EFI Scoring System Predicts Natural Pregnancy with Endometriosis-Associated Infertility Treated by Laparoscopy, Study Shows

EFI Scoring System Predicts Natural Pregnancy with Endometriosis-Associated Infertility Treated by Laparoscopy, Study Shows

Researchers found that the Endometriosis Fertility Index (EFI) may be a valuable tool for predicting spontaneous pregnancy in women with endometriosis-associated infertility treated by laparoscopy.

The study “Prediction of Endometriosis Fertility Index in patients with endometriosis-associated infertility after laparoscopic treatment,” was published in the journal Reproductive BioMedicine Online.

Infertility is a common problem for patients with endometriosis, but the mechanisms explaining this association remain poorly understood.

Minimally invasive laparoscopic surgery is widely used to treat endometriosis-associated infertility in both mild-to-moderate and severe patients. It is the only strategy providing diagnosis confirmation by enabling observation of typical lesions.

However, when using the revised American Fertility Society (rAFS) classification of endometriosis, the pregnancy outcome after laparoscopy is not consistent, which lowers this system’s clinical value for prognosis. To resolve this issue, researchers published the EFI system in 2010, which aims to predict natural conception after surgery.

EFI assesses endometriosis severity, historical factors at the time of surgery, and function of ovaries and fallopian tubes after intervention, which is essential in natural conception. It has been validated in endometriosis-associated infertile women in China, Belgium, France, and Italy.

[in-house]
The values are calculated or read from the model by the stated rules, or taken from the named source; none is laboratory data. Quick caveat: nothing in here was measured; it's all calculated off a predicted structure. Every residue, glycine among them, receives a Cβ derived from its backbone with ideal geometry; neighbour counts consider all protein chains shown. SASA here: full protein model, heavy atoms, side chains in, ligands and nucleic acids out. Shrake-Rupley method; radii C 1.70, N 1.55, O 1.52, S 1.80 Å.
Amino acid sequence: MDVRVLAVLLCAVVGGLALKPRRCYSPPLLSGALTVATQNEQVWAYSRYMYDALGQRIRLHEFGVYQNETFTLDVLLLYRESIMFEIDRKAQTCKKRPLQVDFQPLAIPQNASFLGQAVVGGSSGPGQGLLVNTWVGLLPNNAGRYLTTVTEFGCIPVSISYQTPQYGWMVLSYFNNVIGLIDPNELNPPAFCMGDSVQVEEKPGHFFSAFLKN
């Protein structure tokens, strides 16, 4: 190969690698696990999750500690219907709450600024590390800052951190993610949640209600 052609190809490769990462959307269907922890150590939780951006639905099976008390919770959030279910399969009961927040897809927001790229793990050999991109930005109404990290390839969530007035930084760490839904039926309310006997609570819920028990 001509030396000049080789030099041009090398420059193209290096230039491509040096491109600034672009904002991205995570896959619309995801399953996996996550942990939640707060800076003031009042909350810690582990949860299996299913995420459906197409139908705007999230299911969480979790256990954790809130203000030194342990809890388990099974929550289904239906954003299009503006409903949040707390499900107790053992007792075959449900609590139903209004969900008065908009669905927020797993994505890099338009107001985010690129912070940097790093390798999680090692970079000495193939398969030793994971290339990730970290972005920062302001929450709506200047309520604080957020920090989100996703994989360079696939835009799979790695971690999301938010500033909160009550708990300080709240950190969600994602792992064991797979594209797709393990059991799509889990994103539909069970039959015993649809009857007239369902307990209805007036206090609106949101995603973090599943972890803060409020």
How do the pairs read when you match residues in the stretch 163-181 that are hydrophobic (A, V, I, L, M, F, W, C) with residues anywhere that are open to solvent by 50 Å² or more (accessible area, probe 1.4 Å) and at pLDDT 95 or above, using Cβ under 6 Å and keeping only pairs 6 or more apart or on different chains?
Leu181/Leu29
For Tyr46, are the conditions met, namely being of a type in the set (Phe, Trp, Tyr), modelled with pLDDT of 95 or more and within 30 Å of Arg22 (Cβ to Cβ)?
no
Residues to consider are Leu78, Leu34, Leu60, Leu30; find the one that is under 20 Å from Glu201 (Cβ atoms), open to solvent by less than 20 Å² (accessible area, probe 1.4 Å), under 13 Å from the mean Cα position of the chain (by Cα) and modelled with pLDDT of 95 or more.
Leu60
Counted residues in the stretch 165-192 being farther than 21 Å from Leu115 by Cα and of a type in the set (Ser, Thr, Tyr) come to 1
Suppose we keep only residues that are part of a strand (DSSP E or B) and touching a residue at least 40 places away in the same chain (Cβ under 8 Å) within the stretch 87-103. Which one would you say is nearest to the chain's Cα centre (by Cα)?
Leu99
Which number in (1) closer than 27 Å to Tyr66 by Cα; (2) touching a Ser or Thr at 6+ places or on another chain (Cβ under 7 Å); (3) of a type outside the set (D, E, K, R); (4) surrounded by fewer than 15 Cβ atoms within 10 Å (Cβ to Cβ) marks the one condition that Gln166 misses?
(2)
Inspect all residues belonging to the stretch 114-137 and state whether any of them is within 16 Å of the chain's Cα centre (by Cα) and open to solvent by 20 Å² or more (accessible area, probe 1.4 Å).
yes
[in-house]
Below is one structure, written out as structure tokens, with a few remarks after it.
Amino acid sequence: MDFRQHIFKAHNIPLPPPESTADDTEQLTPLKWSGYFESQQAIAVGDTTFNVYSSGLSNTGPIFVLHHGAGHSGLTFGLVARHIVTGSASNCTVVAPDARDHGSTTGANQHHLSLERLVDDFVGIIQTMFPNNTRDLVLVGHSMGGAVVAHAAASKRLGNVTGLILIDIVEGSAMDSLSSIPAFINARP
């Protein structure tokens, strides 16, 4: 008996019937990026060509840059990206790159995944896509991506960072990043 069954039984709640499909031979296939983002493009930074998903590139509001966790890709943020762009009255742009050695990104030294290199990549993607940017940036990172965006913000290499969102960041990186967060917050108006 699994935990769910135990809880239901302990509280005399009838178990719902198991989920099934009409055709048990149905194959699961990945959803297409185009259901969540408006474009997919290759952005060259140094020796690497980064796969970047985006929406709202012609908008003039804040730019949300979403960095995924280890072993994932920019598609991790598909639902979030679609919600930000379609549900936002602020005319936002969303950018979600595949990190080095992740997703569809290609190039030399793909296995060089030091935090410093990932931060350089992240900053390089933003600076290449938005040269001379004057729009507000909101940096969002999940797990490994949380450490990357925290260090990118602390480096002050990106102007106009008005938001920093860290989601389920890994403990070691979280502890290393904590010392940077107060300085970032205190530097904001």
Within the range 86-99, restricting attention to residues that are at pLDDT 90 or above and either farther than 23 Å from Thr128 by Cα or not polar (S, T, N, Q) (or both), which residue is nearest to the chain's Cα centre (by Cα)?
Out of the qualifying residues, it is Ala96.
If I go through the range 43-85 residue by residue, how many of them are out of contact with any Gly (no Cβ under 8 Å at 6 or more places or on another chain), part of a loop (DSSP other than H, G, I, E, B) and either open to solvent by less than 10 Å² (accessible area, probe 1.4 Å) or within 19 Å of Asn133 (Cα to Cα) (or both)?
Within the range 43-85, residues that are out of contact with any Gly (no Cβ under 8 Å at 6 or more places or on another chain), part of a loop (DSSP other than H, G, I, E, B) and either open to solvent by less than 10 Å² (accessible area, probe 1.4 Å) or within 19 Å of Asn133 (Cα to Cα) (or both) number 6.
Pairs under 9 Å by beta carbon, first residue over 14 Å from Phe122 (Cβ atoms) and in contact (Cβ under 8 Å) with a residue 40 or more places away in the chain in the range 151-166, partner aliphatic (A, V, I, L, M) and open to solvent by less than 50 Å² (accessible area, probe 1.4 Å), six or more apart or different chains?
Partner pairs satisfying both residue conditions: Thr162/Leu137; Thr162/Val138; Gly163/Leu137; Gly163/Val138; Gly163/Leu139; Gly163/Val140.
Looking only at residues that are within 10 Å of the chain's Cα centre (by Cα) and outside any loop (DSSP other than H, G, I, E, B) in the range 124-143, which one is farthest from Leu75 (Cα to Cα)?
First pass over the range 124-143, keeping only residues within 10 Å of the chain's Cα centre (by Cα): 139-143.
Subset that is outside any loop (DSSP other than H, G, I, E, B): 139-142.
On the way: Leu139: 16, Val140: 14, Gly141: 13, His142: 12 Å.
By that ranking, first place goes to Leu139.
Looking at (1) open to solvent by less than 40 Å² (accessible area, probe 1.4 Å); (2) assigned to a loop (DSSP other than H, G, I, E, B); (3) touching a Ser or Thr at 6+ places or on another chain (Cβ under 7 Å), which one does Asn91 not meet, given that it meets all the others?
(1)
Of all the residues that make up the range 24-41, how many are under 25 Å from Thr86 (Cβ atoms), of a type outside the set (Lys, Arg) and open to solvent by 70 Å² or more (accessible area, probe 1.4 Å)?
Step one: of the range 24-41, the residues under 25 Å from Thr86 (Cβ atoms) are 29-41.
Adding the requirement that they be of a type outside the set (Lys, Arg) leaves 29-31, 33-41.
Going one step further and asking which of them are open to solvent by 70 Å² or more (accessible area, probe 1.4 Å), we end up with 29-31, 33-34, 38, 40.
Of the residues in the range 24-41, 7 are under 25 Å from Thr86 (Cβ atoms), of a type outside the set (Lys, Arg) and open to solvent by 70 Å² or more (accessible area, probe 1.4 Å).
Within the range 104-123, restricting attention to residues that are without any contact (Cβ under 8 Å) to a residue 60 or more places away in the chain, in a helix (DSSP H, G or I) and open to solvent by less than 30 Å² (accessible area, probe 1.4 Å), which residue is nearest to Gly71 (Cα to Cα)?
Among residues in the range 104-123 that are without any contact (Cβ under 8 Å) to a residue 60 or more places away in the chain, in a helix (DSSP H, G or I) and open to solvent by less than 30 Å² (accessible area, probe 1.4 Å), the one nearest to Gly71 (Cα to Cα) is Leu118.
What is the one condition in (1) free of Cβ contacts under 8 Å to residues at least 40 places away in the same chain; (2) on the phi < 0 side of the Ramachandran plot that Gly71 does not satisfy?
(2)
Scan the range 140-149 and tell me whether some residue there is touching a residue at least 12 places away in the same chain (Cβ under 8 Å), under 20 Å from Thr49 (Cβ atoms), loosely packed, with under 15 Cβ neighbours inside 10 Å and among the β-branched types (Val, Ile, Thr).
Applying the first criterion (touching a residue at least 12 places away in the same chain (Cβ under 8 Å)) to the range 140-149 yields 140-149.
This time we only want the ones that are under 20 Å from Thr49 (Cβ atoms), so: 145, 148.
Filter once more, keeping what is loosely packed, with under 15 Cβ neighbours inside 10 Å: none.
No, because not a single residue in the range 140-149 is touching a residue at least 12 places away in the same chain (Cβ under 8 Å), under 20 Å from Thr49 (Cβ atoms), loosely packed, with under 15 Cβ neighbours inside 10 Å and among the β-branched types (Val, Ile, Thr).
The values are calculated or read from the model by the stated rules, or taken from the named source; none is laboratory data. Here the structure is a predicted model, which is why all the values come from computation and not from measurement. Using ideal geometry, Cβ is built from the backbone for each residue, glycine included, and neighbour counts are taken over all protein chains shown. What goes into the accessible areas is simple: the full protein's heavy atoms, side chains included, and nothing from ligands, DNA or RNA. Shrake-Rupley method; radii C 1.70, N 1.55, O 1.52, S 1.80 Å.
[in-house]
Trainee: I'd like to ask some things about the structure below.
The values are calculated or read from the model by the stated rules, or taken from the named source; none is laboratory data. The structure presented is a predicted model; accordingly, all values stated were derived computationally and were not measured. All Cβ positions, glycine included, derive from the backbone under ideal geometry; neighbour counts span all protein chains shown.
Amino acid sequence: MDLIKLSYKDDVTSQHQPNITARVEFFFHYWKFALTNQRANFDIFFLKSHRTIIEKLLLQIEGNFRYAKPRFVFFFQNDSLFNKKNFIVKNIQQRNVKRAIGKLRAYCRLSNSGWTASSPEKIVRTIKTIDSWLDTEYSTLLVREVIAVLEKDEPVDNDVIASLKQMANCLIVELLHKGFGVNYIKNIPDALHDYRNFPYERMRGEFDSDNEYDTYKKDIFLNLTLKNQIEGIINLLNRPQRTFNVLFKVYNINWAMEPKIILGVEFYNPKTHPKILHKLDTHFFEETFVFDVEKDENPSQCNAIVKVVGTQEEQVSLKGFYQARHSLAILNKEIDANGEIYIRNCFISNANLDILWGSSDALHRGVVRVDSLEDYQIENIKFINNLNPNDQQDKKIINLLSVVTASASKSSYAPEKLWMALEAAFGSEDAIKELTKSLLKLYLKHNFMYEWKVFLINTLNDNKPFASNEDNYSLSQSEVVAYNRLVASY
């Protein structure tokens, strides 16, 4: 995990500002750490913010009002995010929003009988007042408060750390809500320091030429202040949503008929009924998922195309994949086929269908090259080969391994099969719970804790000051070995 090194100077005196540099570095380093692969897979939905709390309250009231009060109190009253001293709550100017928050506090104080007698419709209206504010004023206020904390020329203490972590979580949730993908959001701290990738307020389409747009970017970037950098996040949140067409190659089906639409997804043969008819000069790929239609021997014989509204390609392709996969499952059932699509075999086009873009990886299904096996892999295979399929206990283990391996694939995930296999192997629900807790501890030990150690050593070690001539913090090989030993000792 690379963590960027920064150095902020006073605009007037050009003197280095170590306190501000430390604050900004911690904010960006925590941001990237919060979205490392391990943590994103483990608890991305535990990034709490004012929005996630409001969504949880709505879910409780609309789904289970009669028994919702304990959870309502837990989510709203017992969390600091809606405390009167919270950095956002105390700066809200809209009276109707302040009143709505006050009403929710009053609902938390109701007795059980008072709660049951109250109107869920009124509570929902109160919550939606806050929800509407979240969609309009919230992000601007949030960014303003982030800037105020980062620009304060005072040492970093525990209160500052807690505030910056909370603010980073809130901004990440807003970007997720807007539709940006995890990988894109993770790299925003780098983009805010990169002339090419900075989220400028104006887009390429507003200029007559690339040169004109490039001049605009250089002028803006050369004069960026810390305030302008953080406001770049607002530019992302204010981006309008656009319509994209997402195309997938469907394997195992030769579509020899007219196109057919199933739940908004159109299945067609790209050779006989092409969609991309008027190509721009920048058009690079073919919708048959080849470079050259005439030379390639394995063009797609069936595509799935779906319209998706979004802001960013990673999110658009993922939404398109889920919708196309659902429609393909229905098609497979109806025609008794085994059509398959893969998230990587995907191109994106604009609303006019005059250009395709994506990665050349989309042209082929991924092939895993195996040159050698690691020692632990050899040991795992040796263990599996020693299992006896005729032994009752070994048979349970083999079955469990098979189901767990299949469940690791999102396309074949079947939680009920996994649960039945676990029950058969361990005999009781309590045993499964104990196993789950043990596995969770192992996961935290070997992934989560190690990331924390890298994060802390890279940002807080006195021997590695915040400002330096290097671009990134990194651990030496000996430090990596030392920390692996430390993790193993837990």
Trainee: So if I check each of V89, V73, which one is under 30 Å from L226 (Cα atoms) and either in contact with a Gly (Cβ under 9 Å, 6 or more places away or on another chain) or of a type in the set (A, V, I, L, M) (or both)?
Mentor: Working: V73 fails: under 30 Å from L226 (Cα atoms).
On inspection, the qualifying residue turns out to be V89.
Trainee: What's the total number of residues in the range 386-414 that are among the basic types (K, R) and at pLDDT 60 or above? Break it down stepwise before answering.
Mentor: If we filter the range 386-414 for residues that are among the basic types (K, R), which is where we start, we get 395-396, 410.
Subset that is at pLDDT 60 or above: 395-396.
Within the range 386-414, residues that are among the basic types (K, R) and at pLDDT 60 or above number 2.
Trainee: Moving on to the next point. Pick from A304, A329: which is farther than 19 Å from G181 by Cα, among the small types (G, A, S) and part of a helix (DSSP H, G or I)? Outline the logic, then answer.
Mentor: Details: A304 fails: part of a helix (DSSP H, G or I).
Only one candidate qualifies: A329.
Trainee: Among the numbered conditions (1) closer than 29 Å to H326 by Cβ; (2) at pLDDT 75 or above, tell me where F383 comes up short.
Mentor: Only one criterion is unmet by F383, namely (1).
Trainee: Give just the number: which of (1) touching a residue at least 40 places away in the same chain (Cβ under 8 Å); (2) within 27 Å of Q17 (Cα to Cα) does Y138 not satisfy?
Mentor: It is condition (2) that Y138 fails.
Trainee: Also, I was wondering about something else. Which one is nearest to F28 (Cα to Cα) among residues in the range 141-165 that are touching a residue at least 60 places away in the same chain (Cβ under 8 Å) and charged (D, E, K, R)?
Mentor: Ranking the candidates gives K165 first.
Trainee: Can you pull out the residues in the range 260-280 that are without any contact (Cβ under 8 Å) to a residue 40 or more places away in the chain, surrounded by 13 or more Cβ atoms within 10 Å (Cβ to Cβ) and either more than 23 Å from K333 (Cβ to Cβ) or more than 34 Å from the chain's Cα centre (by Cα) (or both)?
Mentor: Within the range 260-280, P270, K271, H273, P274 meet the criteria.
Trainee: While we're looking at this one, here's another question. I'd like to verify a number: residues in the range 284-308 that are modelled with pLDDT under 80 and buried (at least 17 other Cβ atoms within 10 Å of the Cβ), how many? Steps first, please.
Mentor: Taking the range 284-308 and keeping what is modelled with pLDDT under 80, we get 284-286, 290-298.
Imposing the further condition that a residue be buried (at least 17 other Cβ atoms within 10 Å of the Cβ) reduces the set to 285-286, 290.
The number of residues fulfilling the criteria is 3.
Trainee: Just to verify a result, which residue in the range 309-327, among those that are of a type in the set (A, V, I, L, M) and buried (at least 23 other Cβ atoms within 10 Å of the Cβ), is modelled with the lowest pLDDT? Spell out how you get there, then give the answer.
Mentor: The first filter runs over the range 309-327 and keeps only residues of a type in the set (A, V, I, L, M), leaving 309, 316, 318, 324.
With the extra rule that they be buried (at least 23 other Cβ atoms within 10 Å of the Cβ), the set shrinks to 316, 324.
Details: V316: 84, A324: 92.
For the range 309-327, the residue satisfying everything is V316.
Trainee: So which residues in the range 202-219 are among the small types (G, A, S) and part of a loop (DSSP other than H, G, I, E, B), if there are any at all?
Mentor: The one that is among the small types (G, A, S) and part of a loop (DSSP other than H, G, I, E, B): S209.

The researchers wanted to show the utility of the EFI score to predict spontaneous pregnancy in women with endometriosis-associated infertility undergoing laparoscopic treatment from January 2008 to December 2012

The team used statistical methods to calculate the correspondence of cumulative pregnancy incidence (CPI) — a pregnancy rate — with EFI scores.

All women included in the study were ovulating normally, had at least one patent (open) fallopian tube, and had not conceived in the year prior to evaluation. Of the total 1,325 enrolled patients, researchers were able to interview 1,097 during the follow-up period between March 2013 and December 2015.

Results showed that 505 (46.03%) patients conceived naturally after surgery. Importantly, the data also demonstrated a correlation between the EFI score and CPI. “In our opinion, the higher the EFI score, the higher the probability that a spontaneous pregnancy will be achieved,” the scientists wrote.

They further estimated that an EFI score of 7.5 was the optimal cut-off value to predict successful pregnancy outcome.

Women with lower EFI scores should be informed of their low likelihood of spontaneous pregnancy and assisted reproductive technology (ART) should be strongly encouraged, the authors considered.

As they found that most pregnancies occurred within two years of surgery, they also recommended ART for patients who fail to conceive naturally after this time, even those with a high EFI score.

“The EFI score seems to be relevant for the prediction of the natural conception rate in infertile women with endometriosis treated with laparoscopic surgery. This will be useful in counseling patients of reproductive age,” they concluded.